The attorney general's request also raises the specter of Carnivore, the powerful software that FBI allows agents - if they have proper warrants - to spy on e-mail and Internet communications.
The Electronic Privacy Information Center is among those worried that Ashcroft's anti-terrorism platform might be rushed through Congress because of the looming threat of terrorism, even though the privacy-rights implications of the law for have not been sufficiently worked out.
CSIS analyst Lewis said he understands, but he also dismisses those concerns, even while he acknowledges that surveillance abuses in the late 1960s and early 1970s were true problems. Laws have been passed since those turbulent times, he says, and they effectively offset such threats.
"Having been in the government for 12 years, I know they observe these (laws) very strictly," said Lewis, who once was in charge of encryption policy for the U.S. Commerce Department. "And so, yes, if it was the 1960s, we should have concerns. But under the laws we have now, I don't think those concerns are justified.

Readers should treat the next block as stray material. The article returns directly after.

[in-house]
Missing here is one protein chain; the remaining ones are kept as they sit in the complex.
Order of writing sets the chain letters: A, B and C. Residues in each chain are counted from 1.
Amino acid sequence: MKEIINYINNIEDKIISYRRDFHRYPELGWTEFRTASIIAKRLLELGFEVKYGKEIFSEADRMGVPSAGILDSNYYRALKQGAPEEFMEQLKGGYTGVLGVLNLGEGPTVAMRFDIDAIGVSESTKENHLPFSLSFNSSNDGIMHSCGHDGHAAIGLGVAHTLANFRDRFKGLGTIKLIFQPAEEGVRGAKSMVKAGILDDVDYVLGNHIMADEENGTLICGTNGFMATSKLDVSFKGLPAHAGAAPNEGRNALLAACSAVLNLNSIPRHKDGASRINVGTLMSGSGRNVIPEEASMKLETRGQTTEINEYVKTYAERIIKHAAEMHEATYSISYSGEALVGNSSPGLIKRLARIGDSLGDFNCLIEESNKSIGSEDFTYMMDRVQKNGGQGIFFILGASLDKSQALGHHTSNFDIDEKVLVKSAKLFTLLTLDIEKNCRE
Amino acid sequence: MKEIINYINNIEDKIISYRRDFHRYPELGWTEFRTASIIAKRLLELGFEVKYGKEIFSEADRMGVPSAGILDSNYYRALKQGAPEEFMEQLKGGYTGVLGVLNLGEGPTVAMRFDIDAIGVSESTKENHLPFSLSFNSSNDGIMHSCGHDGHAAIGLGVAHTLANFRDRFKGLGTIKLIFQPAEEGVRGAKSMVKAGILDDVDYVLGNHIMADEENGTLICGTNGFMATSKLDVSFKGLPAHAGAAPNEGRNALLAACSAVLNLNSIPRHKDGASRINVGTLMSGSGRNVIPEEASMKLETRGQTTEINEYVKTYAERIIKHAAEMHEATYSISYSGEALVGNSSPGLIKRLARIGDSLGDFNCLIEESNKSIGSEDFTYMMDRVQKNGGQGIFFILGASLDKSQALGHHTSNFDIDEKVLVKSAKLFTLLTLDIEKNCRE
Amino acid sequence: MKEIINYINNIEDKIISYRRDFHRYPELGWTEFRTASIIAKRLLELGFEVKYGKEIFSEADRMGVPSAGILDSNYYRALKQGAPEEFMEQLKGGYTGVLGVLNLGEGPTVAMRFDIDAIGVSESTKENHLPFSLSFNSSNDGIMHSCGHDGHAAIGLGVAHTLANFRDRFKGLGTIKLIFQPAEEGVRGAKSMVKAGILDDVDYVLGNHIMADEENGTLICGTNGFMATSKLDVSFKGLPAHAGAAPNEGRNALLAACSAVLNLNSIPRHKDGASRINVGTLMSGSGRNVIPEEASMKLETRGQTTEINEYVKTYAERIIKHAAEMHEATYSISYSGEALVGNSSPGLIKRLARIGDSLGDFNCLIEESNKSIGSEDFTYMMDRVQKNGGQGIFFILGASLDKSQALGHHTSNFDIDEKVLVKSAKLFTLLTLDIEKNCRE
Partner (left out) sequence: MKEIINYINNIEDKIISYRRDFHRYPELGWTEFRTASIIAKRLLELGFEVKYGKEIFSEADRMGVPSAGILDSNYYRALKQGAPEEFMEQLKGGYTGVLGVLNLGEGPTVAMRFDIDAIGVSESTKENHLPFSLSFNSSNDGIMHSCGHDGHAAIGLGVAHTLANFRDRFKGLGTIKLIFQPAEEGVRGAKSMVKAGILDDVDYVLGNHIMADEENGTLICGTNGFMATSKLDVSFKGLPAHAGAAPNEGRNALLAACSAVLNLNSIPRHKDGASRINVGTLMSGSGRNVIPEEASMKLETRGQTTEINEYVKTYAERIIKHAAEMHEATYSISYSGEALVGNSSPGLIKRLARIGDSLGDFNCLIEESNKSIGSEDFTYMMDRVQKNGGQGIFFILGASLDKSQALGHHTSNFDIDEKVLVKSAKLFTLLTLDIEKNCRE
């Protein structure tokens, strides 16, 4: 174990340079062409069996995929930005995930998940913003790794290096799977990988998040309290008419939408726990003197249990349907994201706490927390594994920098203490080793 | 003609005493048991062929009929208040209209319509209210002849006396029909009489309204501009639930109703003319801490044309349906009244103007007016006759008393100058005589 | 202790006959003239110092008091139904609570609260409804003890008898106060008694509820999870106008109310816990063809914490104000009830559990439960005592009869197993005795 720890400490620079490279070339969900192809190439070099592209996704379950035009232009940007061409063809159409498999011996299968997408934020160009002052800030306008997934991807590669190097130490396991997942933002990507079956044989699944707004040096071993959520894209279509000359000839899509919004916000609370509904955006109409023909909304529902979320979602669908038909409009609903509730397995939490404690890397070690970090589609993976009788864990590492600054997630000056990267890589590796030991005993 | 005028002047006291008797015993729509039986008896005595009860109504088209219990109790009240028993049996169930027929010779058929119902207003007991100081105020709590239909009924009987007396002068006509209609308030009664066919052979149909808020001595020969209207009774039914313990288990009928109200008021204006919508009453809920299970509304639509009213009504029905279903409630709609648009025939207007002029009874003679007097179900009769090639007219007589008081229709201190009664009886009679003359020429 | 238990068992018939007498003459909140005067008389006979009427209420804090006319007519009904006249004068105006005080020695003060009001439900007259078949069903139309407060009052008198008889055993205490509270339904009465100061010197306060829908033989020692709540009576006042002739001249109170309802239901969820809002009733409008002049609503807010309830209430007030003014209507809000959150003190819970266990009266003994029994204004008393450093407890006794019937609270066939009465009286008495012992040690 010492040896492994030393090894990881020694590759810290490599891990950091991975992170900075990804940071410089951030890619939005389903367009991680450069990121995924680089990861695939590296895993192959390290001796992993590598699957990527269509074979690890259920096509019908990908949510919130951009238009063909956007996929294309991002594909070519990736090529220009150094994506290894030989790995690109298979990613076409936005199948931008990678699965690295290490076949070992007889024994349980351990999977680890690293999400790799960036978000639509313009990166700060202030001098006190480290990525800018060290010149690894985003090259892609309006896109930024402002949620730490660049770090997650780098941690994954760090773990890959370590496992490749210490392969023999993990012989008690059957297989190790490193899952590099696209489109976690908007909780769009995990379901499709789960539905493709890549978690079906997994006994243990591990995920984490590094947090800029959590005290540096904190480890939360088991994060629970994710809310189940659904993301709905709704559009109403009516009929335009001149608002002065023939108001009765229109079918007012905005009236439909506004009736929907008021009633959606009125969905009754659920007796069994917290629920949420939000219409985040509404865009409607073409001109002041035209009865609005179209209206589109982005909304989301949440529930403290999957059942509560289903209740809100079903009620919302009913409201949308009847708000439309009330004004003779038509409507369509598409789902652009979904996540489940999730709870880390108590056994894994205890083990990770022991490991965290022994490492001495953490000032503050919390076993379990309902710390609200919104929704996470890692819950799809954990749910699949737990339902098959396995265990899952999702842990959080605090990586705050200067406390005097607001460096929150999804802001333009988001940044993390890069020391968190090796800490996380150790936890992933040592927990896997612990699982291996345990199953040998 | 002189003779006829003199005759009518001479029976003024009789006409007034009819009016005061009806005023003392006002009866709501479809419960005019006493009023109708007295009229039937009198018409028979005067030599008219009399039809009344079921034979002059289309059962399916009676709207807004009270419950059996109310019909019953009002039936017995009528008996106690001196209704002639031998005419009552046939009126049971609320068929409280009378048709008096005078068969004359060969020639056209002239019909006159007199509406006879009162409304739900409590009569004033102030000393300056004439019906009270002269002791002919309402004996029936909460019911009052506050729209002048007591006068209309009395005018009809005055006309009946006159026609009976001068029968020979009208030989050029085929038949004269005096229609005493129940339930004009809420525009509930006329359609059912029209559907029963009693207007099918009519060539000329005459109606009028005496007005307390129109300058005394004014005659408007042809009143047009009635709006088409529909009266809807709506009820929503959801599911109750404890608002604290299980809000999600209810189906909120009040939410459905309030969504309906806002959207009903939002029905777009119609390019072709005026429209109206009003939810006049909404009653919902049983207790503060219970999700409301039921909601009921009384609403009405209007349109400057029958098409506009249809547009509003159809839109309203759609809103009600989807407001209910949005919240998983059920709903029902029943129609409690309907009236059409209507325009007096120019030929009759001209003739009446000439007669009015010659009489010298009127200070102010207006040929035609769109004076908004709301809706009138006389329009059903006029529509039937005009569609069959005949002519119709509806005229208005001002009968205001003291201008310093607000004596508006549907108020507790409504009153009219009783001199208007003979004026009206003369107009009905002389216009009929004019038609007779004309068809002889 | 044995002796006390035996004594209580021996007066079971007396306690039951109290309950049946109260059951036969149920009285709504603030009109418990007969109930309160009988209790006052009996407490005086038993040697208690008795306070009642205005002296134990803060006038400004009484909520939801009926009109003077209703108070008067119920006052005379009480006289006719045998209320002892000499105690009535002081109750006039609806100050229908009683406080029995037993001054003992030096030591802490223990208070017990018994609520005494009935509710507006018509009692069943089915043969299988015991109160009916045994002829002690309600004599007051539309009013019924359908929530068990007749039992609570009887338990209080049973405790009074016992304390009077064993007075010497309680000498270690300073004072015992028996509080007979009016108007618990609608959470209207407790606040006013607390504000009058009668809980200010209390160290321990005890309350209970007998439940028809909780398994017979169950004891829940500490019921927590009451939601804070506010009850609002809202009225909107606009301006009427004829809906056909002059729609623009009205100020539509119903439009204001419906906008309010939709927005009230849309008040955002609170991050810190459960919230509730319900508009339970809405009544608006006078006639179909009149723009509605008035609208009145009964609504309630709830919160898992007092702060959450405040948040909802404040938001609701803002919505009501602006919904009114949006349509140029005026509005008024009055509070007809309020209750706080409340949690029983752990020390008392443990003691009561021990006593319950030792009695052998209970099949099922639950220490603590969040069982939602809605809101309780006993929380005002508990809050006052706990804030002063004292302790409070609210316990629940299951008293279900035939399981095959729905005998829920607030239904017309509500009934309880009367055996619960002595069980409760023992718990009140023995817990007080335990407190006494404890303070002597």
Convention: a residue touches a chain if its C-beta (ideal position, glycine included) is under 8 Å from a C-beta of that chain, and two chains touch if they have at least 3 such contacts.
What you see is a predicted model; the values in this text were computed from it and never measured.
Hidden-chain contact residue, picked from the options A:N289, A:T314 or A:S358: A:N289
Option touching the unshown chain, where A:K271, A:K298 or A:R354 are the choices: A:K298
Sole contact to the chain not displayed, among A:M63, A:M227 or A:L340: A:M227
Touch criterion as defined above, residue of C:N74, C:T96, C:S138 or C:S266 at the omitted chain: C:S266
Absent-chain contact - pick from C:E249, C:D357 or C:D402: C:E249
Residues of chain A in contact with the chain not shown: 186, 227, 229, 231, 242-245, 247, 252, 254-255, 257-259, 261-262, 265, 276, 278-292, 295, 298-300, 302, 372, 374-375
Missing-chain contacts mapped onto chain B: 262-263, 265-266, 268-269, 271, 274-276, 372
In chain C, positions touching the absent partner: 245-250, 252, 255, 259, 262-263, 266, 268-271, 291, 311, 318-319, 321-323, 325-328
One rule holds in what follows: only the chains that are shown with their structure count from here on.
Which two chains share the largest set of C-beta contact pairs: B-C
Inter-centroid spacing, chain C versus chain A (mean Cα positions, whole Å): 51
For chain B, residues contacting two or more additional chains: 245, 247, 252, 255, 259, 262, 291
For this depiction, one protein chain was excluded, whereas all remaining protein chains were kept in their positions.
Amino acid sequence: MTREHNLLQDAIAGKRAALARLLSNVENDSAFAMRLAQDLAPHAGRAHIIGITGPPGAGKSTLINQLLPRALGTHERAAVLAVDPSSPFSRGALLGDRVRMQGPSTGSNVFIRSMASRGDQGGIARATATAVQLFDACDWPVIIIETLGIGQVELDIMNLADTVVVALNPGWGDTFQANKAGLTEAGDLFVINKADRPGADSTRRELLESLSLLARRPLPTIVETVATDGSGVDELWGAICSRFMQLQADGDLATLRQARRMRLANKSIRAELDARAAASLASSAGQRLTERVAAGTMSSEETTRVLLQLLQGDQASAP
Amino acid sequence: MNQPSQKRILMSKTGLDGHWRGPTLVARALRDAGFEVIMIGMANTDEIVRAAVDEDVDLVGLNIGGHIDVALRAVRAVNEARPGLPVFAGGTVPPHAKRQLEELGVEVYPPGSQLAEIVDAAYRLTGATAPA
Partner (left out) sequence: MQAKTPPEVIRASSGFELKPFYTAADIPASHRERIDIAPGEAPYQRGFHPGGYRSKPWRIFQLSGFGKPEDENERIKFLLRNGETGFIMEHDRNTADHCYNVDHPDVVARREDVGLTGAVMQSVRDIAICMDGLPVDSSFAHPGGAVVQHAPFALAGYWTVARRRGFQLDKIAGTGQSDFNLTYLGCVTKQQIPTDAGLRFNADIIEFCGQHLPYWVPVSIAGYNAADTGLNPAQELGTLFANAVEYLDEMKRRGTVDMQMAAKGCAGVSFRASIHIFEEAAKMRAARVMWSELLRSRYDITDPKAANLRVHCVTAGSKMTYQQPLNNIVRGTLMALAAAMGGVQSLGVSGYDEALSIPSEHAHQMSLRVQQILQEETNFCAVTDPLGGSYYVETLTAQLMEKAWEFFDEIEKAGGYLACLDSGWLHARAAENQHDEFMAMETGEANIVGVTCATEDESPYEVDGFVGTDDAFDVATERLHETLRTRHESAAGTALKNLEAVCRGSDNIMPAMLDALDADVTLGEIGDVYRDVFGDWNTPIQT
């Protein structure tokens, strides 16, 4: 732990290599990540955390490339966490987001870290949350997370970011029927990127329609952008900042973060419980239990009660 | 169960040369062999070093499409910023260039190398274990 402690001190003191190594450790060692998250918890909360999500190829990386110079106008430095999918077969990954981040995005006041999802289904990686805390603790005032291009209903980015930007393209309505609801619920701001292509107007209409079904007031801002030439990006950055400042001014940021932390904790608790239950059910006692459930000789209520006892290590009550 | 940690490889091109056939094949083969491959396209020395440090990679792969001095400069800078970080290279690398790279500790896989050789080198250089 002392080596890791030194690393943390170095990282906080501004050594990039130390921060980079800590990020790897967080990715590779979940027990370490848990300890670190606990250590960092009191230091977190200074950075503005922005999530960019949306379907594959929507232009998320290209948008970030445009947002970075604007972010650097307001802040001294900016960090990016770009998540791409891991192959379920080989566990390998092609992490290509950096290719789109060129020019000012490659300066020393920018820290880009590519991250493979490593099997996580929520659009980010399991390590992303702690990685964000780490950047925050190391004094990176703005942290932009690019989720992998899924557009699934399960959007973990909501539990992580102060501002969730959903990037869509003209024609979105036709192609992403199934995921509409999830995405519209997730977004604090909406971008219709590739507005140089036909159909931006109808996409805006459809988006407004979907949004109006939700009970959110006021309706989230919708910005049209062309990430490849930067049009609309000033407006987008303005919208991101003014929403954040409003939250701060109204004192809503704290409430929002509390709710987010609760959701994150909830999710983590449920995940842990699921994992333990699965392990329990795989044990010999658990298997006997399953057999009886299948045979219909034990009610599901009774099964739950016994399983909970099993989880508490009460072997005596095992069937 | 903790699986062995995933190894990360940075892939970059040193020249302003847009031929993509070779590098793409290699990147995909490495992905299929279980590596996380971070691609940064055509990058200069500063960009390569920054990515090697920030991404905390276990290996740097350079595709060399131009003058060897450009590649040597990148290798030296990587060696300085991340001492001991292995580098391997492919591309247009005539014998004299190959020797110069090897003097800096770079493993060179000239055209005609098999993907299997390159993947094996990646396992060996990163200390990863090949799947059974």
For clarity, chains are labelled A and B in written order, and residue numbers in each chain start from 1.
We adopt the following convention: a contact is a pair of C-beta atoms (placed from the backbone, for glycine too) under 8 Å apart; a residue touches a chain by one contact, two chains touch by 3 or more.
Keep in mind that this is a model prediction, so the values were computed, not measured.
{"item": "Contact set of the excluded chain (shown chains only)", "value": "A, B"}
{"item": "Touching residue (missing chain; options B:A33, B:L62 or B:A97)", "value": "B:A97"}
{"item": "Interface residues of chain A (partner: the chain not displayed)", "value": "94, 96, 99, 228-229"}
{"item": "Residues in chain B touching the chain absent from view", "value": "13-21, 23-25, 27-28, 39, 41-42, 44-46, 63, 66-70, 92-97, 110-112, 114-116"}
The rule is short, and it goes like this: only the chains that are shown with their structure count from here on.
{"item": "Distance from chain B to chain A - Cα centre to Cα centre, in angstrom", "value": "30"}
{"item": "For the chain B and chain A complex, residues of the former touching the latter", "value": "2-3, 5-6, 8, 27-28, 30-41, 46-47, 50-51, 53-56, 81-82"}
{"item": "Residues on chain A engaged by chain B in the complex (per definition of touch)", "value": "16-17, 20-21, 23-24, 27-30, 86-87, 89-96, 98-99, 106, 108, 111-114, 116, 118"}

"I'm not worried about these new technologies," Lewis added. "We need to find ways to use them to our advantage."
Certainly, that's what bin Laden does, Lewis said. Various reports, which Lewis takes to be true, indicate that the exiled Saudi millionaire no longer uses the satellite telephones he once relied on to communicate with his terrorist cells, because U.S. surveillance intercepted some of his calls just before the U.S. cruise missiles were launched on his training camps in 1998.
Instead, Lewis said, bin Laden relies on couriers who take CD-ROMs or floppy disks from bin Laden's computers, traveling out of the country to meet with other emissaries. Using a primitive method of encryption called steganography, bin Laden's messages to his followers are hidden inside other messages on the disks. Once they are decoded, they can be sent out around the world over the Internet, in a manner that makes it difficult if not impossible to trace them directly back to bin Laden.